“Whether on the strength of credible evidence led before the trial Court, the Court of Appeal was right to affirm the conviction and sentence of the Appellant.”

​Learned appellant’s counsel contends that the respondent did not prove its case against ‘the appellant beyond reasonable doubt. Appellant’s conviction on the basis of the evidence of PW1, PW2, PW3 and Exhibits 1 and 2, the purported confessional statements of 1st and 2nd accused persons, it is submitted, is not sustainable.

The evidence of PW2 and PW3 learned counsel argues, is hearsay and untenable. Even though by the testimony of PW1 proof of robbery at Wadata Area Jega by persons who were armed may be said to have been established, the appellant had not been successfully fixed at the venue of the robbery as a participant by PW1. Besides, the evidence of PW1 who only asserted that he heard appellant’s voice at the scene in the middle of the night was not treated with the caution the law required the trial Court to exercise. Learned counsel relied on MUSA IKARIA V. STATE (2013) 8 NCC 248 at 252 and OBI V. STATE (2013) 5 NWLR 68 at 74.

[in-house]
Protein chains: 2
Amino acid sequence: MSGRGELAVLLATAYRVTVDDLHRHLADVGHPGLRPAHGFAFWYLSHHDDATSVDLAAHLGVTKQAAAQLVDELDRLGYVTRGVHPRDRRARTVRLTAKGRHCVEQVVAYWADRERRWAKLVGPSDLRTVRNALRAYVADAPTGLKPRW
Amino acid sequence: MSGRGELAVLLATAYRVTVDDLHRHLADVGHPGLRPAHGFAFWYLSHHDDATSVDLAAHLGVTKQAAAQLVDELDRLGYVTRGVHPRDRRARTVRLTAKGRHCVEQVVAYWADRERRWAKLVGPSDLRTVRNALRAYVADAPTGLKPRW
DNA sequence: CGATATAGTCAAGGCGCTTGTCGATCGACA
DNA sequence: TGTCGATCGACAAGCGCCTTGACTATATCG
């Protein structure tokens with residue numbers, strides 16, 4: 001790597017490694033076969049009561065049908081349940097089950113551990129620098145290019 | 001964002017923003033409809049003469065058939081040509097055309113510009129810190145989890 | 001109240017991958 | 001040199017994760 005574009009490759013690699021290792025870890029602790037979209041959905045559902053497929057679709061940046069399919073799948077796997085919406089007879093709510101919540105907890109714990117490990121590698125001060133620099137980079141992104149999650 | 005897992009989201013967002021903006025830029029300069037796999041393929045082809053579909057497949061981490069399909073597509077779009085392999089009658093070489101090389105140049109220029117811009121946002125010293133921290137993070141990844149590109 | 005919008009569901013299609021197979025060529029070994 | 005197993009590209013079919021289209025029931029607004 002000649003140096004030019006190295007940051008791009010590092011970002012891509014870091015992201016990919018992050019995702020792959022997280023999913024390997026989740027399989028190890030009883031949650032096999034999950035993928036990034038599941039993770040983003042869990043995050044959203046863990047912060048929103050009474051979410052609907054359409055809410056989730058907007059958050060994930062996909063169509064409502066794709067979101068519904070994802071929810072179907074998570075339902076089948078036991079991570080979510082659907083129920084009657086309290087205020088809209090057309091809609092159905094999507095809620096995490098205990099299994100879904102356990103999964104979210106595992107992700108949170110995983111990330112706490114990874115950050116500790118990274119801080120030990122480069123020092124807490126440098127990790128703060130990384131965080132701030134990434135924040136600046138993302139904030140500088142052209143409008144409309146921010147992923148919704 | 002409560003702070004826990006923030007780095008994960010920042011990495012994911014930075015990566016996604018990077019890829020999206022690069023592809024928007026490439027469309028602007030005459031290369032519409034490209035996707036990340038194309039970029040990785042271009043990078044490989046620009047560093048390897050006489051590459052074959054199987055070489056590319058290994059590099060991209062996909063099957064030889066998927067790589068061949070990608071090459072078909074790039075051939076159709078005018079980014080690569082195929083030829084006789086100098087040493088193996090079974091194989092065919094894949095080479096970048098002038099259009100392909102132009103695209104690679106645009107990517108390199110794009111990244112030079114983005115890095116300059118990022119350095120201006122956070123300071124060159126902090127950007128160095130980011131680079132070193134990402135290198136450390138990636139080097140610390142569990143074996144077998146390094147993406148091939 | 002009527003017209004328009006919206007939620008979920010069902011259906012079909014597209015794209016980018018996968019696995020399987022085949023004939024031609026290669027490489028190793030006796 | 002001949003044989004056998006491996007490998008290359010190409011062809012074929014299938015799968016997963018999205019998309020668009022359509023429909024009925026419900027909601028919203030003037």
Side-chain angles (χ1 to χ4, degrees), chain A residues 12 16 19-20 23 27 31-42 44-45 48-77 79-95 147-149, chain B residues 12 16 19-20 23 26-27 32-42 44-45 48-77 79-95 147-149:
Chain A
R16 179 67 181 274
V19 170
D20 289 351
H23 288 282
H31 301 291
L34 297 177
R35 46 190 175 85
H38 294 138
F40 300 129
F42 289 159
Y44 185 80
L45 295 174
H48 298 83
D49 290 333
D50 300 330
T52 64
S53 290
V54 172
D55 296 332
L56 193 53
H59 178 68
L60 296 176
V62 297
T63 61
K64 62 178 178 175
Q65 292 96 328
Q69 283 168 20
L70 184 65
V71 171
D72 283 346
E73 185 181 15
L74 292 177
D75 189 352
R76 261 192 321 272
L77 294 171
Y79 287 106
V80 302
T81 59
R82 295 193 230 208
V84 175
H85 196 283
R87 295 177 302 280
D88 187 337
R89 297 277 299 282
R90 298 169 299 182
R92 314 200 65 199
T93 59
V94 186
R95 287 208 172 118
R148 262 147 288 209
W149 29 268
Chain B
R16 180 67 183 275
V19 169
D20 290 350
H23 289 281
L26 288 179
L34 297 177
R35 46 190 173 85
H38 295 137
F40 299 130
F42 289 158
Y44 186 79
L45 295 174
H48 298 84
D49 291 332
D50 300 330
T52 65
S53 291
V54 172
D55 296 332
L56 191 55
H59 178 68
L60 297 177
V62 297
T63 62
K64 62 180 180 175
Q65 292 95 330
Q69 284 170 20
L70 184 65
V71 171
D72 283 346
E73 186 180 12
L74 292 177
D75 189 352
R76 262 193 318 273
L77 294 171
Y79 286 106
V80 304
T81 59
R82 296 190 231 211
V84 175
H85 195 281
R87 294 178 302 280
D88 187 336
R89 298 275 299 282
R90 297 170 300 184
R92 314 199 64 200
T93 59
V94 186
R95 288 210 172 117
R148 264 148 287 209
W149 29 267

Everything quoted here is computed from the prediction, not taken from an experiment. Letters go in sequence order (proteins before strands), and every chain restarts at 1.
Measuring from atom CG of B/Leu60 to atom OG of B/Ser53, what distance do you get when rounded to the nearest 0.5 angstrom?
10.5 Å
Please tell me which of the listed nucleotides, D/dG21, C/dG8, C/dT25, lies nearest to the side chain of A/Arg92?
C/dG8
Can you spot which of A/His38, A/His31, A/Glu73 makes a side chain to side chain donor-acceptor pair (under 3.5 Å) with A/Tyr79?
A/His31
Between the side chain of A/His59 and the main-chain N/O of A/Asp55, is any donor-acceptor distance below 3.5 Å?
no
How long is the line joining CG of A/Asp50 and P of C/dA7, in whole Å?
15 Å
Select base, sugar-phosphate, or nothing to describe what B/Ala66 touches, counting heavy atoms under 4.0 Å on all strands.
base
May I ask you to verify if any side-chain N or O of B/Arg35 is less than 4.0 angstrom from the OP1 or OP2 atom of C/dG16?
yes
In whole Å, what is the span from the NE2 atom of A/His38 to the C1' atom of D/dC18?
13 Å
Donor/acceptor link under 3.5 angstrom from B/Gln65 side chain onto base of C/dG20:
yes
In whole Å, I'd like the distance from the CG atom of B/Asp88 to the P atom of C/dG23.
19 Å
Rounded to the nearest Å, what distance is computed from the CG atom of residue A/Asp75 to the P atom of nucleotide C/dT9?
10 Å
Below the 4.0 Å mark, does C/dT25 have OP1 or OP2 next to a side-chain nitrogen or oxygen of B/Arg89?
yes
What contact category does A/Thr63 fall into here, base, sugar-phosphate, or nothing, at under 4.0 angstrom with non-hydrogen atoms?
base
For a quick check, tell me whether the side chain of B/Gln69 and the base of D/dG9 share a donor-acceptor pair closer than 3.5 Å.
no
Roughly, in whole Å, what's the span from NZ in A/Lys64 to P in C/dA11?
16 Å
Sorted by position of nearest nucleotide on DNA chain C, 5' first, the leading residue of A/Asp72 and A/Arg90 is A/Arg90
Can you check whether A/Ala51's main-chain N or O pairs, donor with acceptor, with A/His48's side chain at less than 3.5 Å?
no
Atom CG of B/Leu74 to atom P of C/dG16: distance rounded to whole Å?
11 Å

Exhibit 2, appellant’s confessional statement, learned counsel further submits, were recorded by PW4 in clear breach of the law. PW4 had testified at the trial that he neither read nor explained the words of caution to the appellant. Appellant was also not taken to a superior officer for the latter to confirm that appellant had indeed voluntarily confessed to committing the two offences. In his own testimony at trial the appellant, it was submitted, told the Court that he did not make the confessional statement. Citing OWHORUKE V. COP (2015) 39 WRN 1 at 9, STATE V. GWANGWAN (2015) 28 WRN 1 at 21 and AL- MUSTAPHA V. STATE (2013) 34 WRN 88, learned counsel submits that Exhibit 2 is inadmissible and without any evidential value to justify the lower Court’s affirmation of the trial Court’s findings based on the statement. Again, there is nothing in evidence suggesting the type of weapons used by the convicts to commit the robbery. Learned counsel entreat that the concurrent findings of guilt of the appellant by the two Courts be quashed for respondent’s failure to prove the ingredients of the offences charged beyond reasonable doubt.